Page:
Space still available for sisters' housing

By 
  • June 27, 2008

{mosimage}TORONTO - A non-profit group of Toronto-based religious sisters is looking to fill more than a dozen spots for its long-awaited and controversial affordable housing project.

There are 17 spots left for the project being run by 40 Toronto-based women religious congregations that is expected to be ready for occupancy next spring.

The project, which is known as the Women’s Religious Projects Neighbourhood Housing or WRP, began nine years ago when the sisters raised $2 million with the goal of building affordable housing for economically disadvantaged working families by the Jubilee year back in 2000.

“This project is one of hope and breaking the cycle of poverty,” said WRP spokesperson Sr. Jeanine Scarfone.

Last year, 128,570 Toronto families were on the waiting list for social housing. The average wait for a one-bedroom subsidized apartment was from seven to 10 years.

WRP partnered with Habitat for Humanity, which agreed to build the homes, and provide home ownership support and education.

The project will have a mix of 60 affordable and market value homes in the southeast corner of Toronto at Lawrence Avenue and Manse Road. Thirty-eight of the homes will be managed by WRP Neighborhood Housing, 16 by Habitat for Humanity and the rest will be sold at market value by the Daniels Corporation. It had originally been planned as a neighbourhood of 119 homes.

The WRP neighbourhood will house three- and four-bedroom, semi-detached units at a cost of $125,000 to $155,000.

Scarfone said the sisters are encouraging families to apply by attending a Habitat for Humanity information session.

According to Barbara Wilson, the project’s liaison with Habitat, 21 families have already been approved by the project’s board of directors and will likely approve more than the 38 spots, meaning there will be between five to 10 families on a waiting list.

The search for new homeowners will continue until the end of July and the selection process is expected to finish by the end of the summer, Wilson said. More than 2,000 people have attended information sessions for Habitat and WRP projects since last year, she added.

The WRP project had been plagued by bureaucratic delay and vocal opposition from a neighbourhood association for years.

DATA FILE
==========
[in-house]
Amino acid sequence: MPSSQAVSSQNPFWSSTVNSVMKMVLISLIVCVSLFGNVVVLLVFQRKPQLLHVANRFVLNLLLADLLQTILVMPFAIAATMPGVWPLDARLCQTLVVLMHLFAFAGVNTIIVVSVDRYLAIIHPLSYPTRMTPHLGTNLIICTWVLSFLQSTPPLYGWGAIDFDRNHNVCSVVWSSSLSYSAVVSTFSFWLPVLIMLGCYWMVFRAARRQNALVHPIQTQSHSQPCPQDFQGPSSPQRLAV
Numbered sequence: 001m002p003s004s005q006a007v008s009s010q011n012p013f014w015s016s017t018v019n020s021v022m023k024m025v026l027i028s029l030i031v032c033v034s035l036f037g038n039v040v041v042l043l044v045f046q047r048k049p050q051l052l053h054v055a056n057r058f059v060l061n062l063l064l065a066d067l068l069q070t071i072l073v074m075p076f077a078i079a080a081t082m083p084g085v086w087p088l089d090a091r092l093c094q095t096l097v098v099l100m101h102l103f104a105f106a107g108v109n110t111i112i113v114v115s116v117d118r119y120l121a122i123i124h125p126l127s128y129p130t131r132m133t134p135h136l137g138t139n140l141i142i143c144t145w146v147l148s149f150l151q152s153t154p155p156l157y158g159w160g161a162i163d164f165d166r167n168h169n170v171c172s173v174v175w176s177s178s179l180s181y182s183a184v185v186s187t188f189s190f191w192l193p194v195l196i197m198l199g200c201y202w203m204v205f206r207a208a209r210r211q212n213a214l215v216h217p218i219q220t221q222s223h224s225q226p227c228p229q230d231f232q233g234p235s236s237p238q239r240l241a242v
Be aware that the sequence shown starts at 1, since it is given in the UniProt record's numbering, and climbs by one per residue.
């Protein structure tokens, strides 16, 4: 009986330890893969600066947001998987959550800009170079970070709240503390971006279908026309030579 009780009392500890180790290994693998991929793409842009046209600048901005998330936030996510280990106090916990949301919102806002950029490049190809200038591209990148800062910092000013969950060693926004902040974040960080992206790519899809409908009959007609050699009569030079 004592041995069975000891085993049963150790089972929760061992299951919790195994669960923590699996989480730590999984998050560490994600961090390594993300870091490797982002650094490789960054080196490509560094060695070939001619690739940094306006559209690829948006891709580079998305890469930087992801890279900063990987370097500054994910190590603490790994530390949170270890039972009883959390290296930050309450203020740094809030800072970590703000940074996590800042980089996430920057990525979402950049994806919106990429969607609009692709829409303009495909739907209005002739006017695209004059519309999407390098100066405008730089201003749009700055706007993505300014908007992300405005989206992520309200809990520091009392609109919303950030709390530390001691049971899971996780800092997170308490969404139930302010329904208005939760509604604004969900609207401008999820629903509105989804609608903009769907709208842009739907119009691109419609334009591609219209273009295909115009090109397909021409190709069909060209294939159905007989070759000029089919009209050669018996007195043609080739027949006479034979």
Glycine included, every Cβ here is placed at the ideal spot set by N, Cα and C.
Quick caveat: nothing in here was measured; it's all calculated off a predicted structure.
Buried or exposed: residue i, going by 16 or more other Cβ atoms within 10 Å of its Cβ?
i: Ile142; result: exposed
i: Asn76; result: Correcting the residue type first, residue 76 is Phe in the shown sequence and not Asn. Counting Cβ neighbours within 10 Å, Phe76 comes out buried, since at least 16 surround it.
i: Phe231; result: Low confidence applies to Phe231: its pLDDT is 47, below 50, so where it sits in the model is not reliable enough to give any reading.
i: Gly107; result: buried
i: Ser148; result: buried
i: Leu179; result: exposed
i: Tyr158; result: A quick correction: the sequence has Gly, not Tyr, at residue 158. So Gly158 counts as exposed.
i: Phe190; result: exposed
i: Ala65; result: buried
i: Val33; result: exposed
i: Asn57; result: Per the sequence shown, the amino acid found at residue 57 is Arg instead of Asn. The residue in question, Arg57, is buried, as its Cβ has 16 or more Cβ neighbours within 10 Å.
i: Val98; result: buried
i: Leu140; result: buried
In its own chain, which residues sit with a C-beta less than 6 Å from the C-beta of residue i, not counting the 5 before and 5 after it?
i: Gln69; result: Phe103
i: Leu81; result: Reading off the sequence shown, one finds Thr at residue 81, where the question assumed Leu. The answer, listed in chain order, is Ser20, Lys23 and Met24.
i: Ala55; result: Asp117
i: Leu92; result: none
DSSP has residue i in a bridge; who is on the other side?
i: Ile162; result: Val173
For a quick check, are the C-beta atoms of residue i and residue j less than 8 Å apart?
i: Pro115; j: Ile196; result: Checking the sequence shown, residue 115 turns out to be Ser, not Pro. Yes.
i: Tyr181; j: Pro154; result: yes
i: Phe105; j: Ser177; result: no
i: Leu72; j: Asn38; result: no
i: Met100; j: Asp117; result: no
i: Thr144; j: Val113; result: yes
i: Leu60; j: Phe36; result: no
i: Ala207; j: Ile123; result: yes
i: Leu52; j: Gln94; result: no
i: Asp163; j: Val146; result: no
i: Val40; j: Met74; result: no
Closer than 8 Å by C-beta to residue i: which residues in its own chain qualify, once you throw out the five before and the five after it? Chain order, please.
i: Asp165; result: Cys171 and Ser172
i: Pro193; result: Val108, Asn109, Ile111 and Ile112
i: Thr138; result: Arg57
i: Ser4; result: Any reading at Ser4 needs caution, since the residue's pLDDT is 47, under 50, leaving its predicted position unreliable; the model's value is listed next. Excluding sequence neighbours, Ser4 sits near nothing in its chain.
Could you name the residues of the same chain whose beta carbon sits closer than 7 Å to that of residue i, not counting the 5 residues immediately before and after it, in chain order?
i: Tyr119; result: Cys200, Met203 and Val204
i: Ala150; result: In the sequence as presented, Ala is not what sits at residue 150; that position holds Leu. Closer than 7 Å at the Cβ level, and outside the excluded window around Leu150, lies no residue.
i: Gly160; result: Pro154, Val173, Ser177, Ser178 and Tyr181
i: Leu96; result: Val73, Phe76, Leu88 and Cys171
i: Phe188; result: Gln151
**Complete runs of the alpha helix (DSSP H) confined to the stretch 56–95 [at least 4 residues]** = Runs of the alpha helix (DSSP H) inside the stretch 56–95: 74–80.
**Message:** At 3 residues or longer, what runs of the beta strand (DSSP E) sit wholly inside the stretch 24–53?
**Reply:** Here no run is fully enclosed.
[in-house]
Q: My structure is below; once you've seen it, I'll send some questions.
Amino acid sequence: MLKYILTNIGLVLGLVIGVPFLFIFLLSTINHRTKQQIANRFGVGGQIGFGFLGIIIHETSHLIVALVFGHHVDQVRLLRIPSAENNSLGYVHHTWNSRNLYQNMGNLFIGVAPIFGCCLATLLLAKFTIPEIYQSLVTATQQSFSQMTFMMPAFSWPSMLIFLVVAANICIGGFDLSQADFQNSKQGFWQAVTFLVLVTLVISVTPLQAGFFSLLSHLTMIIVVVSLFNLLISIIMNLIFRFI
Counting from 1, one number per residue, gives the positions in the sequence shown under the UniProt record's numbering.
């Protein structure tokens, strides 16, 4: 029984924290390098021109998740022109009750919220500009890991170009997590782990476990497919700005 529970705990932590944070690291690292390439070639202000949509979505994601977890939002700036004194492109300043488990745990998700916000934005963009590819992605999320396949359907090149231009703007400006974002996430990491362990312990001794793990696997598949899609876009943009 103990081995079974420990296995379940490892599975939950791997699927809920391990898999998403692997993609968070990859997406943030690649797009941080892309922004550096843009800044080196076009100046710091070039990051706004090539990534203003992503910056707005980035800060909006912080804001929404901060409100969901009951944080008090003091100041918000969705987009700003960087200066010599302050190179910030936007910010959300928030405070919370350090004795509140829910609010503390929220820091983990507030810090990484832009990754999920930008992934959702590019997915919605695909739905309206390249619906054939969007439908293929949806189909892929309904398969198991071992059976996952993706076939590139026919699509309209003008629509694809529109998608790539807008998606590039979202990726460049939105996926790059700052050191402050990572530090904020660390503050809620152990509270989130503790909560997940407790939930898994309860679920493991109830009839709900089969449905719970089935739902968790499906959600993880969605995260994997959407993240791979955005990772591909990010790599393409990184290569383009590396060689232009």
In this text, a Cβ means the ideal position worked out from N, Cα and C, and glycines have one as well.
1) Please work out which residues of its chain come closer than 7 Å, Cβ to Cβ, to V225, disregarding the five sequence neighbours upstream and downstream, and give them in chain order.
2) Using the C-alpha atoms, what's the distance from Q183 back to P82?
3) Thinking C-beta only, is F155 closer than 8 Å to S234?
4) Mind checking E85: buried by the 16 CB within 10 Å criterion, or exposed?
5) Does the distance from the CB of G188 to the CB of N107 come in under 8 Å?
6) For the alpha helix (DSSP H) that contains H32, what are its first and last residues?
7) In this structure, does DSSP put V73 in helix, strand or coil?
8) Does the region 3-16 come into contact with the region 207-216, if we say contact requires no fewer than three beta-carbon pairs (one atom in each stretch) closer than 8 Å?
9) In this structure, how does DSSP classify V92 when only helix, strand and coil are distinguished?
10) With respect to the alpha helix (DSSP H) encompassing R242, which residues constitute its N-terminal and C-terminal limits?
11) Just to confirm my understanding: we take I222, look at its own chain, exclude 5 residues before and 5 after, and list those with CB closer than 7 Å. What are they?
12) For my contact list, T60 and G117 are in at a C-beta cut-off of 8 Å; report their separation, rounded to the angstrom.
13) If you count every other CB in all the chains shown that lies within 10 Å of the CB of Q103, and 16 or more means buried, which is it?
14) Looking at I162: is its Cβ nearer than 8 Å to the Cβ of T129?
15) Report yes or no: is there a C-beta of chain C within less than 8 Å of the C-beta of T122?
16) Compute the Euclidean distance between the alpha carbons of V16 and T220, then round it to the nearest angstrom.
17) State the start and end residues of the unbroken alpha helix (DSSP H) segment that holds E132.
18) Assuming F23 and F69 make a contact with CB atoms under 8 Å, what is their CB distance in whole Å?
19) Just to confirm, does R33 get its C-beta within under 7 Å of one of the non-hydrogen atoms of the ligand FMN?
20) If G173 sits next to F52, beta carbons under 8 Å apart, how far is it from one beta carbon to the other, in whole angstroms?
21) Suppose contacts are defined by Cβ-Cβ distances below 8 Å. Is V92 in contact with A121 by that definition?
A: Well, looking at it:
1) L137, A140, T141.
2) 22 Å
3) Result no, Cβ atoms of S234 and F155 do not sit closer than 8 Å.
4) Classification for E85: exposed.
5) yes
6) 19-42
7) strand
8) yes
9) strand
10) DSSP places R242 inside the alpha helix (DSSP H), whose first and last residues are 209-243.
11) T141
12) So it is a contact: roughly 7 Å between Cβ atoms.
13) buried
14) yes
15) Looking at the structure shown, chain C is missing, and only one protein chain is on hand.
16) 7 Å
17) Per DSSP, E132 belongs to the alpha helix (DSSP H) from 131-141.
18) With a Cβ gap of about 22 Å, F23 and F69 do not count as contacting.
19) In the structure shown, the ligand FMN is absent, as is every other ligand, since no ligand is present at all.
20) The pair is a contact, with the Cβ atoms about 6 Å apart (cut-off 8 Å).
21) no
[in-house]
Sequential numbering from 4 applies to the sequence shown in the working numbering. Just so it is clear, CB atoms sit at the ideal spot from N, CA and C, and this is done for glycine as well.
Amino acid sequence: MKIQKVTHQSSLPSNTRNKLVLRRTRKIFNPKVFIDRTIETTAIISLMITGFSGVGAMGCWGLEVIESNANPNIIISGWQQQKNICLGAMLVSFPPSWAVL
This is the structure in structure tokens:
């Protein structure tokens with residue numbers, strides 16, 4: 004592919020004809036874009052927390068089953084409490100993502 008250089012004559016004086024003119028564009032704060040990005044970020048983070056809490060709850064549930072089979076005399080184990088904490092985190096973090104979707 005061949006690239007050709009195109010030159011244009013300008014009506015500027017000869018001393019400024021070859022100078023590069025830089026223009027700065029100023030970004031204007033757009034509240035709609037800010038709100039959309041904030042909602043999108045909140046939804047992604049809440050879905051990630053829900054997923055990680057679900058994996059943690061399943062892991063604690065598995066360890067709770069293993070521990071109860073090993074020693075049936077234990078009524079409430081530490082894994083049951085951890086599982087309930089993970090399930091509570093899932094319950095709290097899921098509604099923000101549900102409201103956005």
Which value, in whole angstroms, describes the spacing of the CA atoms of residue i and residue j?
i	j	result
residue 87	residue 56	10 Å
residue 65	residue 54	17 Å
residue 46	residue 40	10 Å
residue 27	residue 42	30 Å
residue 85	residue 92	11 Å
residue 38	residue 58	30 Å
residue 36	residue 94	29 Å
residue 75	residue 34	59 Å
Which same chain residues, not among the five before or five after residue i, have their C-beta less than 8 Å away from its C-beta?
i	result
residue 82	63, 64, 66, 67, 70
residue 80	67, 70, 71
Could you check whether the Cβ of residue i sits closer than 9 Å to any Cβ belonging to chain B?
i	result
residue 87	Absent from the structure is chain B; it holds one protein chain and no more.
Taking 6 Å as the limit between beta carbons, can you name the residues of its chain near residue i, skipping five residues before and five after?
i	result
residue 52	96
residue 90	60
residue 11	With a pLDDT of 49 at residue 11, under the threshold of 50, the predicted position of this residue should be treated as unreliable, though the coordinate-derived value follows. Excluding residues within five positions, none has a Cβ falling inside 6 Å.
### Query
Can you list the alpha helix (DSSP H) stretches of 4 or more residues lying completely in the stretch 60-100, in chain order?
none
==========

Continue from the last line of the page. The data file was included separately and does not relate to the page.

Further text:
Don York, chairperson of the Manse Valley Community Association, said he wasn’t sure if those who are moving into the disputed area will be welcomed by the neighbourhood. York said his group had been opposing the construction on environmental grounds and not because it is an affordable housing project, as many of its critics have charged.

“Directly south of us is one of the largest concentrations of chemical industries in city of Toronto,” York said. “We needed the trees to keep air quality at a satisfactory level. Now, they will move another 60 families and put their health at risk.”

Steven Heuchert, manager of development planning at the Toronto and Region Conservation Authority, said the project is not on land deemed to be city-protected green space.

The site is being prepared for construction and the land is being cleared, with all of the brush and some trees being taken down, said Scarfone. Sewer construction will take place next, she said.

 

How to apply

Here is how you can apply for housing with the Women’s Religious Project:

  • Family attends an information session;
  • Family mails in application. Unlike Habitat for Humanity projects, there is no credit report required;
  • Committee reviews application;
  • Police record check and mortgage pre-approval;
  • Home visit by committee members;
  • Approval by the project’s family selection committee;
  • Approval by board of directors.

Income criteria:

  • The maximum family income depends upon the family size.
    (For example, a family of three has a maximum family income of $45,000 before taxes or deductions. The maximum for a a family of eight is $70,000.)

Income requirements include:

  • employment income,
  • disability or child tax benefits (welfare and employment insurance are not considered),
  • a clean credit rating,
  • no large debt
  • and three years of work and residency in Canada.

More information is available at www.wrphousing.org.

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